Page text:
Mandy Hipkin, BSc (Hons), RGN.
Artificial Heart Nurse Specialist at the Royal Brompton and Harefield NHS Trust, Harefield, Middlesex
Chronic heart failure is a complex and debilitating condition that can be defined as an inability of the heart to support the physiological requirements of the body. Heart failure carries a greatly increased mortality risk that is often worse than most malignant diseases (Millane et al, 2000), with just under 40% of patients dying within one year of diagnosis (Peterson et al, 2002).
The incidence of heart failure is also rising, with some studies indicating as many as 10% of men over the age of 74 and between 10 and 13% of women in the same age group experiencing heart failure (Mair et al, 1996; Office for National Statistics, 2000). One study in the West Midlands (Davies et al, 2001) found the incidence of heart failure in the over-85 male group was in excess of 20%, indicating that the risk of heart failure also increases with age. The major cause of heart failure is coronary heart disease. However, a number of other diseases (valvular heart disease, cardiomyopathy and congenital heart disease) can also predispose the condition. The increased prevalence of heart failure can be partially attributed to the success of modern medical treatments and partly to an ageing population.
Heart failure is a complex syndrome that can result from any structural or functional cardiac disorder that impairs the ability of the heart to function as a pump to support physiological circulation. The syndrome of heart failure is characterised by symptoms such as breathlessness, fatigue and signs such as fluid retention. Team management of patients with heart failure is reported by Grady et al (2000) and also recommended by the National Institute for Clinical Excellence (NICE, 2003).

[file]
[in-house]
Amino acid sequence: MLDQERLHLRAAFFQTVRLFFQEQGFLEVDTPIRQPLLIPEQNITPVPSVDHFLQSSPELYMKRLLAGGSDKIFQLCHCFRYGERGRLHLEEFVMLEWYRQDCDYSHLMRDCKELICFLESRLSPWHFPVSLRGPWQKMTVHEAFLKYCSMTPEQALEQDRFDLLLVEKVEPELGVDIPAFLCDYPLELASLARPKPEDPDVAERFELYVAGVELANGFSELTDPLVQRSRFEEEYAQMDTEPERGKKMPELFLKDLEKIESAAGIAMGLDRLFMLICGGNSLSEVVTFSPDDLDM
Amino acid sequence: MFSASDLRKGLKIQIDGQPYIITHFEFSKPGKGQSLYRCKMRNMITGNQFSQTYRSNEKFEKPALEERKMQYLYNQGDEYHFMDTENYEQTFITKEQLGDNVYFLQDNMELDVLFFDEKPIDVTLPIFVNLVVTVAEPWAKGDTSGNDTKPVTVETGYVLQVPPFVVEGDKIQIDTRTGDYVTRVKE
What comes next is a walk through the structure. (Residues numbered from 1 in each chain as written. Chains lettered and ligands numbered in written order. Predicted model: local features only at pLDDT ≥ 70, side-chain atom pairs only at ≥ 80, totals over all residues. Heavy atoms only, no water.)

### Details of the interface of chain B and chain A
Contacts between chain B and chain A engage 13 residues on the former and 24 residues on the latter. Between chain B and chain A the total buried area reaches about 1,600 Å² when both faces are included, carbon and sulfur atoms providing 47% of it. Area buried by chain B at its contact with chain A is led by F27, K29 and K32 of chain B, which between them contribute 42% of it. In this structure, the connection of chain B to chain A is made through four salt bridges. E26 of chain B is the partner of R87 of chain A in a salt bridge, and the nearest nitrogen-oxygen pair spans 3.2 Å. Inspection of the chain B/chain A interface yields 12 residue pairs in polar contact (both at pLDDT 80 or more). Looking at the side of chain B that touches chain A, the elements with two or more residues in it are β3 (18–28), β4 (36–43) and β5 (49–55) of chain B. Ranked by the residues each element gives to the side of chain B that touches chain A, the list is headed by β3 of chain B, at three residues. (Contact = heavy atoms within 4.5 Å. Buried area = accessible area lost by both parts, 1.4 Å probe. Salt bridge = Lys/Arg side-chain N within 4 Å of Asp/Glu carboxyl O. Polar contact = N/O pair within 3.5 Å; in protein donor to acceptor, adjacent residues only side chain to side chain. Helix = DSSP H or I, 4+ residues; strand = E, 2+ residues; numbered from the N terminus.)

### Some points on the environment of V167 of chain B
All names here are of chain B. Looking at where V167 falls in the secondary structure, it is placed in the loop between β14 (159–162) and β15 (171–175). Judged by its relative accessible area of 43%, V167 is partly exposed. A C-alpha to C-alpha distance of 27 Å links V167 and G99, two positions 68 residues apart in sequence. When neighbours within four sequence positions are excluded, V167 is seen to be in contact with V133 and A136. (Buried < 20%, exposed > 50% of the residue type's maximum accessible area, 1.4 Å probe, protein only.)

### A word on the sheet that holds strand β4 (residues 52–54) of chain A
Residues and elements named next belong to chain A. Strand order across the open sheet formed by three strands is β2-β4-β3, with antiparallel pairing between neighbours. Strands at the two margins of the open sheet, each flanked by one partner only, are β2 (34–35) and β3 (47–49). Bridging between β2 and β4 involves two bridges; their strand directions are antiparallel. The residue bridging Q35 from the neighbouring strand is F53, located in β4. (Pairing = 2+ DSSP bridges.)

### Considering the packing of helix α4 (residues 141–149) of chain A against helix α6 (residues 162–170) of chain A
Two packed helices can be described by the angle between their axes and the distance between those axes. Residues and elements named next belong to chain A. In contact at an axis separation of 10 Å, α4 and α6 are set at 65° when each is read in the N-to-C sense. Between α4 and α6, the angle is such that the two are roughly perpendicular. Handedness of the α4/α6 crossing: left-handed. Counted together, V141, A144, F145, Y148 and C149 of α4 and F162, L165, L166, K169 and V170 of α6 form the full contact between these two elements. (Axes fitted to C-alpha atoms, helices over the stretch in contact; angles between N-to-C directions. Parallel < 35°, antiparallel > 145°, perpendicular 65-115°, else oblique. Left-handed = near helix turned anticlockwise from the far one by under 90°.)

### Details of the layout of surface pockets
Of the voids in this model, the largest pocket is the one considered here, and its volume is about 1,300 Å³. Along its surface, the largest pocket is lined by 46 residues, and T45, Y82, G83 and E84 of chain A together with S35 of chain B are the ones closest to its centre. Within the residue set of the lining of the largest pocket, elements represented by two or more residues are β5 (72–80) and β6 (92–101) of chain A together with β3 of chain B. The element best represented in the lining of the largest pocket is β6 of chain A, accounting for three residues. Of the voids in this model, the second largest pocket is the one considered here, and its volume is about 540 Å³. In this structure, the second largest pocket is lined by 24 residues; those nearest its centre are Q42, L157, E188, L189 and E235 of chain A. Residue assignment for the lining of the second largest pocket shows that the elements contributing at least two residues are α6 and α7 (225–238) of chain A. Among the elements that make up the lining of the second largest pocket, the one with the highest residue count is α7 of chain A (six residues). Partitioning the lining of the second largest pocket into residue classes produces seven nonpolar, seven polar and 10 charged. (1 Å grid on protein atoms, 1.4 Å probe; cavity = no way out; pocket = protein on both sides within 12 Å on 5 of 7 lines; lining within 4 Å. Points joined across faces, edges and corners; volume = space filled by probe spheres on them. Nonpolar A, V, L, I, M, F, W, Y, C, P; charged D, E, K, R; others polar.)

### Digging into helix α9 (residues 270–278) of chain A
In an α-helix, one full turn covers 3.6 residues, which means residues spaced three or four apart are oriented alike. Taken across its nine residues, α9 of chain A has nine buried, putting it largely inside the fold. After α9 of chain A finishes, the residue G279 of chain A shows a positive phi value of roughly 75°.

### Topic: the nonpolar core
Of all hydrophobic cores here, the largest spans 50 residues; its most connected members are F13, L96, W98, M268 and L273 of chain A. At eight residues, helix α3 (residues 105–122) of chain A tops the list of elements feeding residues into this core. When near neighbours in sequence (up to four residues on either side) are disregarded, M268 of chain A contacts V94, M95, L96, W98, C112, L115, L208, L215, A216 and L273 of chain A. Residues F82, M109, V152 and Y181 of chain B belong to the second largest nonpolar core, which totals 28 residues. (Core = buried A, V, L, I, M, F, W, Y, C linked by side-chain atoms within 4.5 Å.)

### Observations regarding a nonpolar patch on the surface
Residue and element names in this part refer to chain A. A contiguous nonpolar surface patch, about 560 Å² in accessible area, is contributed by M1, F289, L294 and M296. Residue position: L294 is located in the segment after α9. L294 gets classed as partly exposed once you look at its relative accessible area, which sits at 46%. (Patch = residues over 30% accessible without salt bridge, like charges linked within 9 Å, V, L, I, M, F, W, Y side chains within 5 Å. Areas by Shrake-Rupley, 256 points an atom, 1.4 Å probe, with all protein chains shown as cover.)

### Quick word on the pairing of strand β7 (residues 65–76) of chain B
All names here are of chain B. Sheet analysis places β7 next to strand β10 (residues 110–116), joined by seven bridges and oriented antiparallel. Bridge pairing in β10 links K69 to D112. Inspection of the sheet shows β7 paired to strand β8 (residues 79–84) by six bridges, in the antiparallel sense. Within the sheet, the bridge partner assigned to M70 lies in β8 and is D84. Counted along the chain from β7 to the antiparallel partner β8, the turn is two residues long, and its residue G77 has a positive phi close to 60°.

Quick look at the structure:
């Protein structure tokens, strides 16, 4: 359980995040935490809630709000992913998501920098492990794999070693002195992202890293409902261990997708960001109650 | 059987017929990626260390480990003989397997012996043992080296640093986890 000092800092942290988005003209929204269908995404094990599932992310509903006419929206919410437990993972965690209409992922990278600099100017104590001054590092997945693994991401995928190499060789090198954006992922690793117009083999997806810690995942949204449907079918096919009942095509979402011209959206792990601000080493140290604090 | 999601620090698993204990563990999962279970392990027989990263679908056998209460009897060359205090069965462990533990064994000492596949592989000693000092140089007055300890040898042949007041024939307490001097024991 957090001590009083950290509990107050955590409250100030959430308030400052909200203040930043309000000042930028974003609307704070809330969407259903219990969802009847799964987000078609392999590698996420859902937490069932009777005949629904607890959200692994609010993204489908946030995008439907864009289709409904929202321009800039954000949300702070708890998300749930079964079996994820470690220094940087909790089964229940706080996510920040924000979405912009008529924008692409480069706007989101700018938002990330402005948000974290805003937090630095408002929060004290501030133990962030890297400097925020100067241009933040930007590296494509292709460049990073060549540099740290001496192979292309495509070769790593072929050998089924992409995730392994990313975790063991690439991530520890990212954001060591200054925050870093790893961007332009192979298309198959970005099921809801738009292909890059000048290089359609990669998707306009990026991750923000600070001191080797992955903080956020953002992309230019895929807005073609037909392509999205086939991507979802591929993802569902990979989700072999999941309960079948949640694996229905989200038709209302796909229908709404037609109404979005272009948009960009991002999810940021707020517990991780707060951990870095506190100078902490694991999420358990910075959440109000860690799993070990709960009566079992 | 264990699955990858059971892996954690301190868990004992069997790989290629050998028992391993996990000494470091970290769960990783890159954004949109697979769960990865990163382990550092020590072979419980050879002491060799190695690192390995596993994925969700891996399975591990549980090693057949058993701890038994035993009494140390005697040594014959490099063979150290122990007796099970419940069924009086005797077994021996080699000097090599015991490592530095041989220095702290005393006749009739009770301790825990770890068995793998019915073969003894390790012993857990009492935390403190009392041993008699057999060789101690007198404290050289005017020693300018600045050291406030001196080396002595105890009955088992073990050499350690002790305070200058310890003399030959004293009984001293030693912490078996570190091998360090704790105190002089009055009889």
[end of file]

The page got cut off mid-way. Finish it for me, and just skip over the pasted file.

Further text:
The majority of patients with chronic heart failure are managed using a combination of diuretic therapy, ACE inhibition and beta blockade. However, there are a number of patients for whom this type of drug therapy is unable to provide symptom control and whose condition is likely to rapidly deteriorate (DH, 2002). Some of these patients will require palliative care but others may benefit from a surgical approach.
Surgical approaches include:
- Insertion of ventricular assist devices
- Cardiac transplantation
- Bista procedure (left ventricle resection).
When heart failure becomes intractable and resistant to treatment, consideration is then given to cardiac transplantation. Not all patients, however, will survive the cardiac transplant waiting list because of a decline in transplantation rates mainly due to a shortage of suitable donor organs (Taylor et al, 2003). VAD support is indicated for patients with chronic heart failure whose haemodynamic status deteriorates despite maximal drug therapy and/or intra-aortic balloon pump assistance (Frazier et al, 2003).